Career Center Job #1: Equity

With new Center for Career Equity, Development & Success, Suffolk launches ambitious effort to reinvent career services
Students meet with recruiters
Students meet with recruiters at an on-campus job fair.

A fast-growing Boston high tech firm called Suffolk’s Center for Career Equity, Development & Success with a pretty typical request: The firm’s recruiter had heard glowing reviews of Suffolk graduates and wanted to make inroads with students who might become candidates for full-time jobs in coding, sales, and human resources after graduation. 

But the newly reinvented Center for Career Equity, Development & Success had an atypical response. 

“We asked them what kind of programs and support they had in place to ensure workplace equity that would foster the success of our students who may come to work there,” recalls Dave Merry, associate provost and executive director of the center.


An embarrassed silence followed. “They said, ‘What do you mean?’ We directed them to our Employer Diversity, Equity & Inclusion Toolkit for employers, and they set up a second meeting with us to strategize how to support new employees.” 

The toolkit helps organizations assess and implement best practices in recruiting, hiring, retaining, and growing diverse talent, among other things.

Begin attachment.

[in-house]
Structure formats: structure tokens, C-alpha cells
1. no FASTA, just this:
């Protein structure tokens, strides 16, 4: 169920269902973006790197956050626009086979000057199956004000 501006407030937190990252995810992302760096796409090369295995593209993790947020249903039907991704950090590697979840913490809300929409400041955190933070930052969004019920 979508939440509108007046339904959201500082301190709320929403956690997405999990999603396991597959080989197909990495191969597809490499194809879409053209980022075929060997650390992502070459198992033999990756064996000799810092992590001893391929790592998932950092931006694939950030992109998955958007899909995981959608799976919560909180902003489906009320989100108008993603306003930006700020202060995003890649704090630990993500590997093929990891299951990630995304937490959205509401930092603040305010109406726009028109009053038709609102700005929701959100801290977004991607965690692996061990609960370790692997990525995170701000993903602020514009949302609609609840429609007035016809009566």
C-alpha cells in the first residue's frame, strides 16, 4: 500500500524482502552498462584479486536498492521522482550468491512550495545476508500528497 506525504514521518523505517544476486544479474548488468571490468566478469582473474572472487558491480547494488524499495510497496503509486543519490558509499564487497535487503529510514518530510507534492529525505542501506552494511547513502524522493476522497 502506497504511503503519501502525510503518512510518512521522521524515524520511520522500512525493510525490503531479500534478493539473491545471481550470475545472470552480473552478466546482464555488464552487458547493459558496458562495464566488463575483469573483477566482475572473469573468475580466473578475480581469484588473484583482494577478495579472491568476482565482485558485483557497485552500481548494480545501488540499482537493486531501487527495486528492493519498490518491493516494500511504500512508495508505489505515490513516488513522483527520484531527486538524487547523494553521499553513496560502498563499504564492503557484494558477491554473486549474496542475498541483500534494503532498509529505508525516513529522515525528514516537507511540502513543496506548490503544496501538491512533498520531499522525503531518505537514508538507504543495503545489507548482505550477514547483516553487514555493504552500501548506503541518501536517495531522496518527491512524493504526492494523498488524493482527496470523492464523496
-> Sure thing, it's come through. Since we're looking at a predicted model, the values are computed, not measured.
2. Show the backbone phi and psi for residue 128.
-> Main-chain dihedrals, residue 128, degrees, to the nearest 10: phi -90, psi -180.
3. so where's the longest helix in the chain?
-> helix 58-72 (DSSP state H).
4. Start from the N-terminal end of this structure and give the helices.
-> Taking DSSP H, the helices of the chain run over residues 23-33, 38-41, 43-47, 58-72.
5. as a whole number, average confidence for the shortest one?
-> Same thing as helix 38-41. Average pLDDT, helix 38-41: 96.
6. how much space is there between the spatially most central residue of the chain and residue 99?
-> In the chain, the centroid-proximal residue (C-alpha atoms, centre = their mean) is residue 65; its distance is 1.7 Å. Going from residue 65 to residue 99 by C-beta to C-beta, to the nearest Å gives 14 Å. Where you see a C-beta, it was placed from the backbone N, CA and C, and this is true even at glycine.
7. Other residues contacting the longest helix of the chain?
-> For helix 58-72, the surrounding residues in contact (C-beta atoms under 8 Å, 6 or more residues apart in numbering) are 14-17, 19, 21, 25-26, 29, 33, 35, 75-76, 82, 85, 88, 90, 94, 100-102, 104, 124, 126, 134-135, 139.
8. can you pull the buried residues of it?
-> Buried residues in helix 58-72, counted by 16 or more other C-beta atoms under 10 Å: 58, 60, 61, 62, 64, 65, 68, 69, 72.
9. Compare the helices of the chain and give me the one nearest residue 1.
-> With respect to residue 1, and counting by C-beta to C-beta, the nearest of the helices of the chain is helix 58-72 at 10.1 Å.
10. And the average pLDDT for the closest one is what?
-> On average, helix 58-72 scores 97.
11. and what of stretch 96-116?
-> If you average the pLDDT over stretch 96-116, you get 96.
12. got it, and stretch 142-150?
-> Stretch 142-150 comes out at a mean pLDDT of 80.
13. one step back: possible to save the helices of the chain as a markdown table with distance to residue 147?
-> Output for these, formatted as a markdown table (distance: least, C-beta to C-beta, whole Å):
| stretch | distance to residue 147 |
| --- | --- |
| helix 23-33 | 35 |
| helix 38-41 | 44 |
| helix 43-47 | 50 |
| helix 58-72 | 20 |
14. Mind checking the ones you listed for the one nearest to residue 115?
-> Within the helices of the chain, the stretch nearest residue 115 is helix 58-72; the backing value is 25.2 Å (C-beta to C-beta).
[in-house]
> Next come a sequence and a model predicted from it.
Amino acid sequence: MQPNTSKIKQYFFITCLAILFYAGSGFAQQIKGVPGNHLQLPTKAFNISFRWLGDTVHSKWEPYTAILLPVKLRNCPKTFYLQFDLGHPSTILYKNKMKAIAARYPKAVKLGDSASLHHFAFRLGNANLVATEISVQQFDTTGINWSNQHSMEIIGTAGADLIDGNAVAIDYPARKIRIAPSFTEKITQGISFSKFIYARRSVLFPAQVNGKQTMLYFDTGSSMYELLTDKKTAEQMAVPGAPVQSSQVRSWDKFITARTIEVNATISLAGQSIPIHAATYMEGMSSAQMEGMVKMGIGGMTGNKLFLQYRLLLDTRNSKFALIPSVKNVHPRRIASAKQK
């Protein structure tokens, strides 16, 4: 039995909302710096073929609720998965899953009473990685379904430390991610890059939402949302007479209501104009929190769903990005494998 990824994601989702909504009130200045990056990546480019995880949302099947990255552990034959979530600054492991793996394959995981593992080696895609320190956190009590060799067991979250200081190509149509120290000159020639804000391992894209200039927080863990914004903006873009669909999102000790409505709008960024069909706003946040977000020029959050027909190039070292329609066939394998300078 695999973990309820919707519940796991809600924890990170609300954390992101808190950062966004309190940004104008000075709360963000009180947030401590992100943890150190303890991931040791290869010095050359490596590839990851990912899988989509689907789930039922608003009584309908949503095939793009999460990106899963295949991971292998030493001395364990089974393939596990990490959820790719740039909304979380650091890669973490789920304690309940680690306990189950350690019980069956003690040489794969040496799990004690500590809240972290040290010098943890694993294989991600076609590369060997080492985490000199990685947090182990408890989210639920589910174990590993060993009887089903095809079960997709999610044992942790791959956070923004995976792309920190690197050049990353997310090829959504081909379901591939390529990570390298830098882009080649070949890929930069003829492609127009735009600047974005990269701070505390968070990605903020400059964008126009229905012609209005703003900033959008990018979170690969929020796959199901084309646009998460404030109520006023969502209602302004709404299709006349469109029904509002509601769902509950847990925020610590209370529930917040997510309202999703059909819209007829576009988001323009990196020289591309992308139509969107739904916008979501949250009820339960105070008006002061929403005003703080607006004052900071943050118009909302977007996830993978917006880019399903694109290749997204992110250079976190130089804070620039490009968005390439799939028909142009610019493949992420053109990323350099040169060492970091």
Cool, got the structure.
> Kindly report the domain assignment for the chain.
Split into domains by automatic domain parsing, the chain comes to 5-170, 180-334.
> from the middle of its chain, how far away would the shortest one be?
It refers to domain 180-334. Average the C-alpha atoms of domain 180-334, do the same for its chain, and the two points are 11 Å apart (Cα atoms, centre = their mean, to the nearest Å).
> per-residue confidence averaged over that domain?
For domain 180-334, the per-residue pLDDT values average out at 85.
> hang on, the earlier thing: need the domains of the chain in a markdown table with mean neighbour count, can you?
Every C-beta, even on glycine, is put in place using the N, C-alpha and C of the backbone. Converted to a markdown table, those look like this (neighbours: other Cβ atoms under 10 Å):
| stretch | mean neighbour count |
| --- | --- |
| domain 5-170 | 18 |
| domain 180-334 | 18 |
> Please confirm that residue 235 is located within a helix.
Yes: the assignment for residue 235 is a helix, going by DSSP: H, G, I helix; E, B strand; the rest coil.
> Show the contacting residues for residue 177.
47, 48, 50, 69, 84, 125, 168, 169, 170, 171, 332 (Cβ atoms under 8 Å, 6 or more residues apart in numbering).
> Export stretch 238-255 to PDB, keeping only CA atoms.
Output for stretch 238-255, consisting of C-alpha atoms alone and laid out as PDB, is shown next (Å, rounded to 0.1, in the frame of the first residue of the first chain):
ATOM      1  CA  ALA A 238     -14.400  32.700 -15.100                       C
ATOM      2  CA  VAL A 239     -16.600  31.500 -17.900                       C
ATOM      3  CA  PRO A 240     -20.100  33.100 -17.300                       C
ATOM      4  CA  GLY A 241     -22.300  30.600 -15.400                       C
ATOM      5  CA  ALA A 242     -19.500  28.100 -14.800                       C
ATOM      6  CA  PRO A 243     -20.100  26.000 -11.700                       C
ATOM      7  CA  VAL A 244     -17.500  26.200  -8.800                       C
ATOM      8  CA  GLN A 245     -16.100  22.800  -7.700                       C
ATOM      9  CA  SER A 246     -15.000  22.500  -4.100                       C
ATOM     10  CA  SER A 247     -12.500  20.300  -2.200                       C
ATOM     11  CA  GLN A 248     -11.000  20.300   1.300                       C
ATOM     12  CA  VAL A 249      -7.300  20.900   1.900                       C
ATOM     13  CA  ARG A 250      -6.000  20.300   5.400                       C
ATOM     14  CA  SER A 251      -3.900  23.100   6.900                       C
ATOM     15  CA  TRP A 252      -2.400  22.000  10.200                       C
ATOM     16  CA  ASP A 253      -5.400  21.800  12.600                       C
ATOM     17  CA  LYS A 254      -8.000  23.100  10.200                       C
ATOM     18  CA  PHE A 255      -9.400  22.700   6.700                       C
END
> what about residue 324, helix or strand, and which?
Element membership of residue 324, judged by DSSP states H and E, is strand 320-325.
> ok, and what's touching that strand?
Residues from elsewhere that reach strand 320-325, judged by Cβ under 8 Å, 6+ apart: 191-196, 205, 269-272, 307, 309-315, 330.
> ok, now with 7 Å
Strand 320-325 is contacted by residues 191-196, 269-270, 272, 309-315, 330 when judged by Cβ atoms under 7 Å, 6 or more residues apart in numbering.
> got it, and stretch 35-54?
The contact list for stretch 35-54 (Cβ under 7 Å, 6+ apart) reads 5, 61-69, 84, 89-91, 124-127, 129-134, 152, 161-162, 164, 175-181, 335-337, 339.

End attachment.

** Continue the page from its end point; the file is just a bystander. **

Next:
The tech company is now on track to receive an invitation to Suffolk’s 2022 Spring Career Fair.  “We feel much more confident that they have put in the work, and we are excited to work with them,” Merry says. 

This fall, Suffolk University formally opened its dramatically re-envisioned Center for Career Equity, Development & Success, with a new name, new leadership, and a quadrupled staff size. The new center is committed to career readiness and to creating more equitable fields, career paths, and industries. The center aims to transform not only the way Suffolk students use their time as learners at the University to prepare for the workplace, but also set in motion changes that will positively transform the employers and workplaces that partner with students and graduates.

The ambitious end goal? Well-prepared and professionally successful students entering into meaningful careers with employers who value equity, diversity, and lifelong learning.